Thursday, May 22, 2014
Democrats face several challenges in trying to maintain their majority in the U.S. Senate in the 2014 midterm election. In addition to the normal tendency of the president’s party to lose seats in midterm elections, Democrats are defending 21 of the 36 seats that are up this year including seven seats in states that were carried by Mitt Romney in the 2012 presidential election. Moreover, six of those seats are in states that Romney carried by a double-digit margin.
Given this math, Republicans are almost certain to make at least some gains in this year’s Senate elections, and the six seats they need to regain control of the upper chamber appear to be within reach. The Crystal Ball’s most recent Senate ratings predict a GOP pickup of between four and eight seats in November, and several statistical forecasting models, including my own, have given Republicans at least a 50-50 chance of gaining six or more seats this year.
Despite the difficult task that they face in defending so many Senate seats in Red states this year, Democrats have some hope of offsetting expected losses by taking back two seats currently held by Republicans — the Kentucky seat held by Senate Minority Leader Mitch McConnell and the Georgia seat being vacated by retiring Sen. Saxby Chambliss. Based on recent polls, the Senate contests in both of these states appear to be highly competitive. In the Bluegrass State, Kentucky Secretary of State Alison Lundergan Grimes (D) has been running even with or slightly ahead of McConnell, and in Georgia, non-profit executive Michelle Nunn (D) has been running even with or slightly ahead of businessman David Perdue (R) and Rep. Jack Kingston (R), the two finalists facing off for the Peach State’s GOP nomination.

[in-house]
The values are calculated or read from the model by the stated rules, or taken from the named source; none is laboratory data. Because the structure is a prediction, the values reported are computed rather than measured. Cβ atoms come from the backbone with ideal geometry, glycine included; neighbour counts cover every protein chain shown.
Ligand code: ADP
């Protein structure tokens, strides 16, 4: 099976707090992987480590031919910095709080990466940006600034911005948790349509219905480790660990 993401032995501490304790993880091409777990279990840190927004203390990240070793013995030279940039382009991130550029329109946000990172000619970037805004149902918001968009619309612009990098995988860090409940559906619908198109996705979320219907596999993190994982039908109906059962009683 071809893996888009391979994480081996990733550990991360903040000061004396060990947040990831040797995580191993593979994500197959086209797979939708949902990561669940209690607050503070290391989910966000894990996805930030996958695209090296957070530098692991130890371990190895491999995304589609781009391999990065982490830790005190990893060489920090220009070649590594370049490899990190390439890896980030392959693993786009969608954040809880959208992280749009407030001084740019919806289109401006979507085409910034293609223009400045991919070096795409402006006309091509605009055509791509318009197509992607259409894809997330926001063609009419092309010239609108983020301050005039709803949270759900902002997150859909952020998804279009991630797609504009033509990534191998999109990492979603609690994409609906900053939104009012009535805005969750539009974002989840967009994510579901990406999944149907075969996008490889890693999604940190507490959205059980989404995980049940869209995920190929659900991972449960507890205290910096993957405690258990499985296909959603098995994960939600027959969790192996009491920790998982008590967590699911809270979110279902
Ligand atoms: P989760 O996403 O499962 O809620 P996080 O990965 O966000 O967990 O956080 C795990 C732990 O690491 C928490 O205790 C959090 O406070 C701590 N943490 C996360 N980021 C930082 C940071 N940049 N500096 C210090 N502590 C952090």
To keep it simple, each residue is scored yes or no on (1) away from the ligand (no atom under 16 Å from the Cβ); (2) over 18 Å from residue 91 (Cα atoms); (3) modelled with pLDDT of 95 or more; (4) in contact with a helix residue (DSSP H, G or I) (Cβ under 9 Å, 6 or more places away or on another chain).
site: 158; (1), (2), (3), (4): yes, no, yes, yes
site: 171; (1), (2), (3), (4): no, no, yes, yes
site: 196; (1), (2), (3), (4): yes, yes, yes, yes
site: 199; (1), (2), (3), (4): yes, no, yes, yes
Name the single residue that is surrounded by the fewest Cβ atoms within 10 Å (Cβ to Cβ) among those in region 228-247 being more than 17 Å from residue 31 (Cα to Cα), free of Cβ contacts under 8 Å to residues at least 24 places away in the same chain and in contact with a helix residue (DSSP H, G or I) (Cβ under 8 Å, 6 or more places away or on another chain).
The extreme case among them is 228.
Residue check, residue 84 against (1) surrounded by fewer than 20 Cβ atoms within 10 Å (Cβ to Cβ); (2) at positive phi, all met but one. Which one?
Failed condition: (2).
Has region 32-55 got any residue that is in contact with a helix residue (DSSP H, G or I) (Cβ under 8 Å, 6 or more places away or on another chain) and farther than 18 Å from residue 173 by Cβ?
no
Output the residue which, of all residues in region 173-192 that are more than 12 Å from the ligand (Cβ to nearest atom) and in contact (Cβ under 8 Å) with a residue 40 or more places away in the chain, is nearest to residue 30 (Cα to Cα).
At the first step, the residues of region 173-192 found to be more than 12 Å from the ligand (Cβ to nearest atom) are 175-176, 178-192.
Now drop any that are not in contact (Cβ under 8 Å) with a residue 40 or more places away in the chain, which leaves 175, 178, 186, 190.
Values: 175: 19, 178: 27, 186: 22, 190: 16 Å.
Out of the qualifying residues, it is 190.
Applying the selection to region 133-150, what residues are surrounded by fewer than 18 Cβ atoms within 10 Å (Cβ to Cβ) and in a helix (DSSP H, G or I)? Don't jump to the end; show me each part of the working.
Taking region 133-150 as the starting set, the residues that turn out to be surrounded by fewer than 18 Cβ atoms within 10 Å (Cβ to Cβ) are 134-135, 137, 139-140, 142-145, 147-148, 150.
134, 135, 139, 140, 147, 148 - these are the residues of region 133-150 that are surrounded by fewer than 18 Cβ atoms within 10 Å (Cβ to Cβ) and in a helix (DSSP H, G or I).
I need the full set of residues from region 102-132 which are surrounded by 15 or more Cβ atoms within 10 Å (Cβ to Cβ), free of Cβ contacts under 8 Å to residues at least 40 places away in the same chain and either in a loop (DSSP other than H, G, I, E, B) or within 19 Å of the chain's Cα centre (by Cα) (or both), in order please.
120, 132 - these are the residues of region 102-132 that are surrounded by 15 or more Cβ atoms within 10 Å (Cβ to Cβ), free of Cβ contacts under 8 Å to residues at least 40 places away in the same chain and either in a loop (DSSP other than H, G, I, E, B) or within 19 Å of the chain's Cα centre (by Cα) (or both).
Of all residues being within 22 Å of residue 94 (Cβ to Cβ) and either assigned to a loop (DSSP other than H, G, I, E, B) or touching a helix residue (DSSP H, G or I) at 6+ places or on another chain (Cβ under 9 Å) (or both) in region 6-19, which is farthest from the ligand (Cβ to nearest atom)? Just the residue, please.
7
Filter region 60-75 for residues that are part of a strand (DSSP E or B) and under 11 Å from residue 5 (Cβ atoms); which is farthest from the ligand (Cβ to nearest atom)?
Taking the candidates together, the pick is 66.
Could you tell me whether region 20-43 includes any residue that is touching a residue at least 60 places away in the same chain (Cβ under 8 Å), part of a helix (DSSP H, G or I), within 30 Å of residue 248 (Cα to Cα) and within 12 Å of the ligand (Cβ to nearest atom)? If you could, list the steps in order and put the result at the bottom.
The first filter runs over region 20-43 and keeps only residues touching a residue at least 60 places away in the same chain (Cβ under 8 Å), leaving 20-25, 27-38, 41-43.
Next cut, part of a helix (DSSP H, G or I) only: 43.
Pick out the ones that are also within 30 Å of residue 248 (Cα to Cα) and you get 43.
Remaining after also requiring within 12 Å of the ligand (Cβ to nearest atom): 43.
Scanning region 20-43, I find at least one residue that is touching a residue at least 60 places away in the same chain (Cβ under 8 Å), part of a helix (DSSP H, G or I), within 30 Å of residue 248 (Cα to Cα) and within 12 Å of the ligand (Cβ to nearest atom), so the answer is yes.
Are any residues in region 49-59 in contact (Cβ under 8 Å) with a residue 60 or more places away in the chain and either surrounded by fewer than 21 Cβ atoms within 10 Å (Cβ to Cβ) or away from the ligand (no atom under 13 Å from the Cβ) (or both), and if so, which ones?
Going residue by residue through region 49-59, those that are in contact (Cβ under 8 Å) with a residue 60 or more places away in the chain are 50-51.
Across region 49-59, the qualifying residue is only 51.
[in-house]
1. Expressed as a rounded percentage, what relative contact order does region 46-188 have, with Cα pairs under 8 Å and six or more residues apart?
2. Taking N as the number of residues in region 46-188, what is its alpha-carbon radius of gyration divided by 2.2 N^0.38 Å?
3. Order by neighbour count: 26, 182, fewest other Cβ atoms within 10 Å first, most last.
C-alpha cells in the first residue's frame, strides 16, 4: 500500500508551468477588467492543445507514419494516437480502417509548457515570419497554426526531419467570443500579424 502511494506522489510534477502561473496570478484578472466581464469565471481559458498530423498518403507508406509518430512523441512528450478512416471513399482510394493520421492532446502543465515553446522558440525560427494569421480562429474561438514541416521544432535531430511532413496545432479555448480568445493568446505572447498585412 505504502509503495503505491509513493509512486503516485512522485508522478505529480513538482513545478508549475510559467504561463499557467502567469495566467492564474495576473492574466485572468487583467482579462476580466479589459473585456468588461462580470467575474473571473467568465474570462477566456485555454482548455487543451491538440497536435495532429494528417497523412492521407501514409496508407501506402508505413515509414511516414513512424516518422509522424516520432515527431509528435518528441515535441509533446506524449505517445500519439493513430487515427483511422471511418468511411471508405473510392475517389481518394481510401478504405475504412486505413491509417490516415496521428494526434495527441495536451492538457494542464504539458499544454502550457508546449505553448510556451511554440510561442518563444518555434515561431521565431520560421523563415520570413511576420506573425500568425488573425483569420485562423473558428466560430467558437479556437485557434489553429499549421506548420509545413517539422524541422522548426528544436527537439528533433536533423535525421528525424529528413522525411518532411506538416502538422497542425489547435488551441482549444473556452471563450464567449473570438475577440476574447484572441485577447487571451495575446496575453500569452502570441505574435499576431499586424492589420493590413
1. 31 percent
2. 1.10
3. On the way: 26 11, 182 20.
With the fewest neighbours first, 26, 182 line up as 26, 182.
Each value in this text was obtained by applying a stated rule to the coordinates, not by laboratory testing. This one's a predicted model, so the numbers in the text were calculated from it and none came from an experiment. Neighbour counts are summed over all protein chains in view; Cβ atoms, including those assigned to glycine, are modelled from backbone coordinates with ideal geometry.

Picking up one or both of these seats would obviously make it much easier for Democrats to maintain control of the Senate. Republicans would then need to flip seven or eight seats currently held by Democrats instead of just six in order to get to 51 seats. But what are the chances of Democrats winning either one of these contests?
Despite the results of recent polls, there are several reasons to be skeptical about Democrats’ chances of winning either the Kentucky or the Georgia seat in November. Kentucky hasn’t elected a Democrat to the Senate since 1992, and Barack Obama lost the state by 16 points in 2008 and 23 points in 2012. Georgia hasn’t been quite as unfriendly to Democratic candidates in recent years. Still, no Democrat has won a Senate contest in the state since Zell Miller in 2000, and the last Democratic presidential candidate to carry the state was Bill Clinton in 1992. Obama lost Georgia by five points in 2008 and eight points in 2012.
Beyond these recent election results, Democrats would have to overcome another obstacle in order to take back the Kentucky or Georgia Senate seats in 2014 — the increasing nationalization of U.S. Senate elections. Table 1 displays the results of an analysis of voting in U.S. Senate elections since the 1970s, using data from the American National Election Studies. The data in this table show that over this time period, voting decisions in these contests have become increasingly influenced by opinions of the incumbent president’s performance. This relationship set a new record in 2012. Ninety percent of voters who approved of President Obama’s job performance voted for a Democratic Senate candidate while 82% of voters who disapproved of the president’s performance voted for a Republican Senate candidate.
This trend portends problems for Democratic candidates in Red states like Georgia and Kentucky. Recent polls put Obama’s approval rating at 44% in Georgia and 34% in Kentucky. Moreover, in midterm elections like 2014, voters who disapprove of the president’s performance tend to turn out at a higher rate than those who approve of his performance.
Sources: CQ Guide to U.S. Elections and data compiled by author